The factors that shape and reshape our feelings of connection to place are many, from cultural upbringing, imposed ethnic stereotypes, nationalism, and migration, to the policy dictations of the US census. In Pointless Show, CCA MFA students Arash Fayez and Christie Noh point to the ambiguities of identity and the constant construction and reconstruction of subjectivity in relation to place. The artists use manipulated maps, found-footage, counterfeit radio stations, interviews, and surveys to question what and who shape their subjectivities as Asian American/Asian/Iranian/Middle Eastern/American artists.
Through the infiltration of a work environment, Fayez and Noh ask sweeping questions about Asian identity and how it shifts based on where one is located in the moment. Occupying the Kearny Street Workshop (KSW) office as gallery as office, the artists play with our own perceptions of where we are and what that means. Is what we experience in KSW a part of everyday office life? Is it art? Both? Their approach is playful, swapping names, bodies, locations, and voices, drawing on their own experiences and directly engaging others.
Pointless Show is the first of four programs in Touring the Social Imaginary, a series of exhibitions and participatory, public programs across the Bay Area organized by PLAySPACE, that map the social imaginary using research-intensive processes to ask questions about places and the people that inhabit them.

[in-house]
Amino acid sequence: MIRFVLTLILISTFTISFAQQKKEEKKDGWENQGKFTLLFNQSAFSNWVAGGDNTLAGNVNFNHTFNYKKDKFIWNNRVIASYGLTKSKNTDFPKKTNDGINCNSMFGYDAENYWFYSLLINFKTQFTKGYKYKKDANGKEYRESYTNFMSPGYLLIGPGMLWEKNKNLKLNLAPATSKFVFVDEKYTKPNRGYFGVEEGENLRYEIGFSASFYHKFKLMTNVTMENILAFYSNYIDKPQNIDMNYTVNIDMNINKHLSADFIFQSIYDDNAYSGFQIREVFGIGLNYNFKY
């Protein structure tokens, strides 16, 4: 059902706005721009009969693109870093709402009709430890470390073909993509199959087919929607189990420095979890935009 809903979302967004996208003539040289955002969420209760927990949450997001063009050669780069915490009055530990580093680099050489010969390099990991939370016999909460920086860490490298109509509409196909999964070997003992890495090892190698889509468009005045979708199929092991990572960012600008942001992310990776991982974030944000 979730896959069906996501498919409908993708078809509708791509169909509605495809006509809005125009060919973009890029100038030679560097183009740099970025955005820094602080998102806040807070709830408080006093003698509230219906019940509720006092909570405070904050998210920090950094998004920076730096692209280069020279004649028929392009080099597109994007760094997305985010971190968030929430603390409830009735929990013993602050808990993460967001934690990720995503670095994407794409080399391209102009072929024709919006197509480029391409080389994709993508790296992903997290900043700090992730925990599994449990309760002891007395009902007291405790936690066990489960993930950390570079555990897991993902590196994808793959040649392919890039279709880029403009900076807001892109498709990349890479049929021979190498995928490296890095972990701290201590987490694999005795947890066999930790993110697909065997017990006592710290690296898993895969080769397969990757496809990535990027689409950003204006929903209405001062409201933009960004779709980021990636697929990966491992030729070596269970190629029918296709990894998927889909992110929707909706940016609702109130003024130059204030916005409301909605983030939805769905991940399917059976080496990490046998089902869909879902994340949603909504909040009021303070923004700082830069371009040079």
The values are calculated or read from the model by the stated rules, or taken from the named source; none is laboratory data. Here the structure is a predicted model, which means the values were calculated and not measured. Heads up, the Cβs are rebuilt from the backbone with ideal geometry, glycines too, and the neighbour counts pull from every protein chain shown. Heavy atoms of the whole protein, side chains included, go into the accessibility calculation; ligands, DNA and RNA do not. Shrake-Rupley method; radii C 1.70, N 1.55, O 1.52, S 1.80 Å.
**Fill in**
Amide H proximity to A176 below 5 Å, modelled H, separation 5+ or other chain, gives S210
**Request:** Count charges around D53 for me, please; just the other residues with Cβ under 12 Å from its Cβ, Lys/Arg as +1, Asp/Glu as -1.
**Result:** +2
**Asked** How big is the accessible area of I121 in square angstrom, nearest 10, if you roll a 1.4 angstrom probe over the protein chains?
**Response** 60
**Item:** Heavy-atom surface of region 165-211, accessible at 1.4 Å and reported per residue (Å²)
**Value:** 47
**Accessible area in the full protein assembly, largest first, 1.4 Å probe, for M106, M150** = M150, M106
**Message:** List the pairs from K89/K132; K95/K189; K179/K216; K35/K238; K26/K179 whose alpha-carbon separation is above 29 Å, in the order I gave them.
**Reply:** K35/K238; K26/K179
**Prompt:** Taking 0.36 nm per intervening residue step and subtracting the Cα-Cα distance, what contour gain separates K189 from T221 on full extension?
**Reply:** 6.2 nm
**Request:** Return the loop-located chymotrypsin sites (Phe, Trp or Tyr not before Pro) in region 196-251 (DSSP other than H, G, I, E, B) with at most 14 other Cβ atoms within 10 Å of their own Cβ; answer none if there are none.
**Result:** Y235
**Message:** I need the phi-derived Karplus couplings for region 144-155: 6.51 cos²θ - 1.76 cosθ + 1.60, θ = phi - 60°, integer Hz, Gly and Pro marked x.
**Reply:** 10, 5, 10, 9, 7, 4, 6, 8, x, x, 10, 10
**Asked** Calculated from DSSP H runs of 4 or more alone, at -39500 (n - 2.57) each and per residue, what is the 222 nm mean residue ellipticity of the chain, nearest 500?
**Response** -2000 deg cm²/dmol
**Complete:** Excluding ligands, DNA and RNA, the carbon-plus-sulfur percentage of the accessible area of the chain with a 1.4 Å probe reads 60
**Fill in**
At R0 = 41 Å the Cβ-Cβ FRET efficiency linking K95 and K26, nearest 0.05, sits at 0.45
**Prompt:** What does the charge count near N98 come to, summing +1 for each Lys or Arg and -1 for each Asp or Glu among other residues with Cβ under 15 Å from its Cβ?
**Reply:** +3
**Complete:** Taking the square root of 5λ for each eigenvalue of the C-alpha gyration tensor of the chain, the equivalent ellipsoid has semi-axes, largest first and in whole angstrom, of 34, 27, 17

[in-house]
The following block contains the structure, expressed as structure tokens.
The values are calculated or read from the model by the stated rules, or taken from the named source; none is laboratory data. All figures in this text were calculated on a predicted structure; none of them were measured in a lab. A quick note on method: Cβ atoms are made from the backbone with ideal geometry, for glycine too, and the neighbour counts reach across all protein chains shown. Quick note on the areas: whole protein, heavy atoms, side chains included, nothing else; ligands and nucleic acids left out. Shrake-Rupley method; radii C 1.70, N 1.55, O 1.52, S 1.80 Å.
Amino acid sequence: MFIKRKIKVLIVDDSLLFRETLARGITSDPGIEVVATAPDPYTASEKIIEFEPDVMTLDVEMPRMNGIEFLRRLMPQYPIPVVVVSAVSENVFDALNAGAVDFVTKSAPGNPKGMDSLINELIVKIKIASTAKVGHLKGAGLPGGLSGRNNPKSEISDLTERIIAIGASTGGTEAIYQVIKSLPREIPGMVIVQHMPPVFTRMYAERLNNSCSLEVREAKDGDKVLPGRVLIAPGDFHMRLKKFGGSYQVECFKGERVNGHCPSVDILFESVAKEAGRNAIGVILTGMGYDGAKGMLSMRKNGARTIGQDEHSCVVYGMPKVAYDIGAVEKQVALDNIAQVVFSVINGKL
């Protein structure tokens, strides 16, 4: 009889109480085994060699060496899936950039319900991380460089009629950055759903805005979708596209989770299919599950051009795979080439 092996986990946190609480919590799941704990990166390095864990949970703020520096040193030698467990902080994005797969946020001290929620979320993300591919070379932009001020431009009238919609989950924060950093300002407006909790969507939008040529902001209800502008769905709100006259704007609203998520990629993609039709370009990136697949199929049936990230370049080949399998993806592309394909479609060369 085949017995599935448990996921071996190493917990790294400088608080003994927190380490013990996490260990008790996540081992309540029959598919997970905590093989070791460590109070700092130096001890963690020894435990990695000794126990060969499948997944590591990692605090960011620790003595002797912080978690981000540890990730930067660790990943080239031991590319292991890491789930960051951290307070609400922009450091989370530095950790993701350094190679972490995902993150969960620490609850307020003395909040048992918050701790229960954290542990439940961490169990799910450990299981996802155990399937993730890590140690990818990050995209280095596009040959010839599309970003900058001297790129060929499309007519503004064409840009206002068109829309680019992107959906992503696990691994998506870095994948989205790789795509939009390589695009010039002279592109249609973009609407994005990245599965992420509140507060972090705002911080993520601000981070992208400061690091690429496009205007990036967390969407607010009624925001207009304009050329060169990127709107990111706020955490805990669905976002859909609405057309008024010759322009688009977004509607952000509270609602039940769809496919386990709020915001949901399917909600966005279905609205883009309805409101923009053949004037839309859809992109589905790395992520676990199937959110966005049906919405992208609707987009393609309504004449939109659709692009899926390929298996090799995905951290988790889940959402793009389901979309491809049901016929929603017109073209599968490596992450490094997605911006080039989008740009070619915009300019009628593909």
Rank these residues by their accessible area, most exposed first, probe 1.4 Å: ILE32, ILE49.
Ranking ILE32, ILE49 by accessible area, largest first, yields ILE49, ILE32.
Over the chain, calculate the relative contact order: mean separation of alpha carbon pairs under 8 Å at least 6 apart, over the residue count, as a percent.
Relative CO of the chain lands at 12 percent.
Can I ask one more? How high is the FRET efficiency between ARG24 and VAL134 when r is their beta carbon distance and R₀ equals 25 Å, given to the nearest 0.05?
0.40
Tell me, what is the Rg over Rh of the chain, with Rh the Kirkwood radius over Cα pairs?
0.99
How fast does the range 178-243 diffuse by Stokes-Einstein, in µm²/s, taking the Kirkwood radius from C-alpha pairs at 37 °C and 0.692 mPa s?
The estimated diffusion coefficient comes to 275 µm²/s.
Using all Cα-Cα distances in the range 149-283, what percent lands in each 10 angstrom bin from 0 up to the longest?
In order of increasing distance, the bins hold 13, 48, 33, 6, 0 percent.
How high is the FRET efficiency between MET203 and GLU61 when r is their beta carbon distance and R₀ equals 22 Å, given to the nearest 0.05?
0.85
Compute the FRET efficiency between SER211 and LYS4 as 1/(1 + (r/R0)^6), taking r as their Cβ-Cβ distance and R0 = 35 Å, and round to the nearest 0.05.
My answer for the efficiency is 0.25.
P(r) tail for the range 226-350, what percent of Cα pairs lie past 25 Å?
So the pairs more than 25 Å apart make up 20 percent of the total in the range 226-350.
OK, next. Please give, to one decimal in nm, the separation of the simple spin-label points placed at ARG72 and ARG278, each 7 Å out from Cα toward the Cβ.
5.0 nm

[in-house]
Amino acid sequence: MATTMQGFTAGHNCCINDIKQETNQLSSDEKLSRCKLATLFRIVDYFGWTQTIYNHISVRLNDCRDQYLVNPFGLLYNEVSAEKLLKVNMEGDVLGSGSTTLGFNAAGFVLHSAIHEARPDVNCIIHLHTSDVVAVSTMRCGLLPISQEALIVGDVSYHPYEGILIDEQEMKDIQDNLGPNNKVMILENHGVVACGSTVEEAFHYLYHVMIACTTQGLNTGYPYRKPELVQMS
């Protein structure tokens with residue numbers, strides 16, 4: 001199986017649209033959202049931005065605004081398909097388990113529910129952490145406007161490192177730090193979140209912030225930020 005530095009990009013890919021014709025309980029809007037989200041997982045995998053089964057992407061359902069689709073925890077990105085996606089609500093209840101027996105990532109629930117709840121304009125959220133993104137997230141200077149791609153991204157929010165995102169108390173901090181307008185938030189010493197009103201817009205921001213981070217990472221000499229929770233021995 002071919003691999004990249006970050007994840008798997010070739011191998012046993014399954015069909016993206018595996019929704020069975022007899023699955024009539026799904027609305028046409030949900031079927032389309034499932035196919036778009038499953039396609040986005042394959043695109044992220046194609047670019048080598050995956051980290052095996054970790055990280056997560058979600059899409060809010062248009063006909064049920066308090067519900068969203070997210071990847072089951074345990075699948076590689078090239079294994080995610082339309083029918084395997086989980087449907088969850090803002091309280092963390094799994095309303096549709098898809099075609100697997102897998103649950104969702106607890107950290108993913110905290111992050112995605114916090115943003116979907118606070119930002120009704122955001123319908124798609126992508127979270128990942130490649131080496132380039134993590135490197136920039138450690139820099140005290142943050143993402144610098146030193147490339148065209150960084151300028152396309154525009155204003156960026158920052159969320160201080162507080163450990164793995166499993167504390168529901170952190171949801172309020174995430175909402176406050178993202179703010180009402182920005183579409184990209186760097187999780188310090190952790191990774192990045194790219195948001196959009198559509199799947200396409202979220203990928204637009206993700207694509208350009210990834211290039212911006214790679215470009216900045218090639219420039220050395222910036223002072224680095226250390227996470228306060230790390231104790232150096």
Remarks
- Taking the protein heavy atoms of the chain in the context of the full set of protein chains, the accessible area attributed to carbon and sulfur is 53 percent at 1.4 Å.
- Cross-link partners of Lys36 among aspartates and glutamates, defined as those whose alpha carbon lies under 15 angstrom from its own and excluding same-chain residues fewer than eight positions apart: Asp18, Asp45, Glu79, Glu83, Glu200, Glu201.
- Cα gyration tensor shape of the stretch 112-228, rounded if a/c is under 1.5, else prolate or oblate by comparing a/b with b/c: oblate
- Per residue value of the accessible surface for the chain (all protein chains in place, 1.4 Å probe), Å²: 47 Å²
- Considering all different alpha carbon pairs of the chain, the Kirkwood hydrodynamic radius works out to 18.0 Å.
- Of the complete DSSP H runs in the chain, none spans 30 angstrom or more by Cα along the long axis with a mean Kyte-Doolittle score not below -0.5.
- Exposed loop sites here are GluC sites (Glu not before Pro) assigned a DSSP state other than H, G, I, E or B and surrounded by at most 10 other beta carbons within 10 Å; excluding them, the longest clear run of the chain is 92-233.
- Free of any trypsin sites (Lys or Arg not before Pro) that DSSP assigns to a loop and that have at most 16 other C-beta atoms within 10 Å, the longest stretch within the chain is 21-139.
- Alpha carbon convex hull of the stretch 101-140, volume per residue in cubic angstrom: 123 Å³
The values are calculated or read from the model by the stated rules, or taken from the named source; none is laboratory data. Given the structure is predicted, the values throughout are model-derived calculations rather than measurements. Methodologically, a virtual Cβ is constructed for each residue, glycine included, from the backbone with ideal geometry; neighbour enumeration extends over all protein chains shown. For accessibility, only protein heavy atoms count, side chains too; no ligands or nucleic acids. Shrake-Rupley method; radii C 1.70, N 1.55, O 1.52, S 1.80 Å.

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PLAySPACE, The Paulette Long and Shepard Pollack Art Community Experiment, is a graduate student-run exhibition program. It provides the resources for student curators to conceptualize and present programming that is especially appropriate for, and oriented towards, the academic community. This programming is presented in various venues and locations throughout the community.
Kearny Street Workshop (KSW) is the nation's oldest multidisciplinary Asian American arts organization. For the past 40 years, KSW has nurtured creative spirit, offered an important platform for new voices to be heard, and connected artists with community. Every three months, in their office, KSW presents a debut solo show featuring an emerging Asian Pacific American artist. With this program, KSW makes use of the white walls, bright light, and high ceilings of their workspace as an opportunity for Asian Pacific American artists all year round.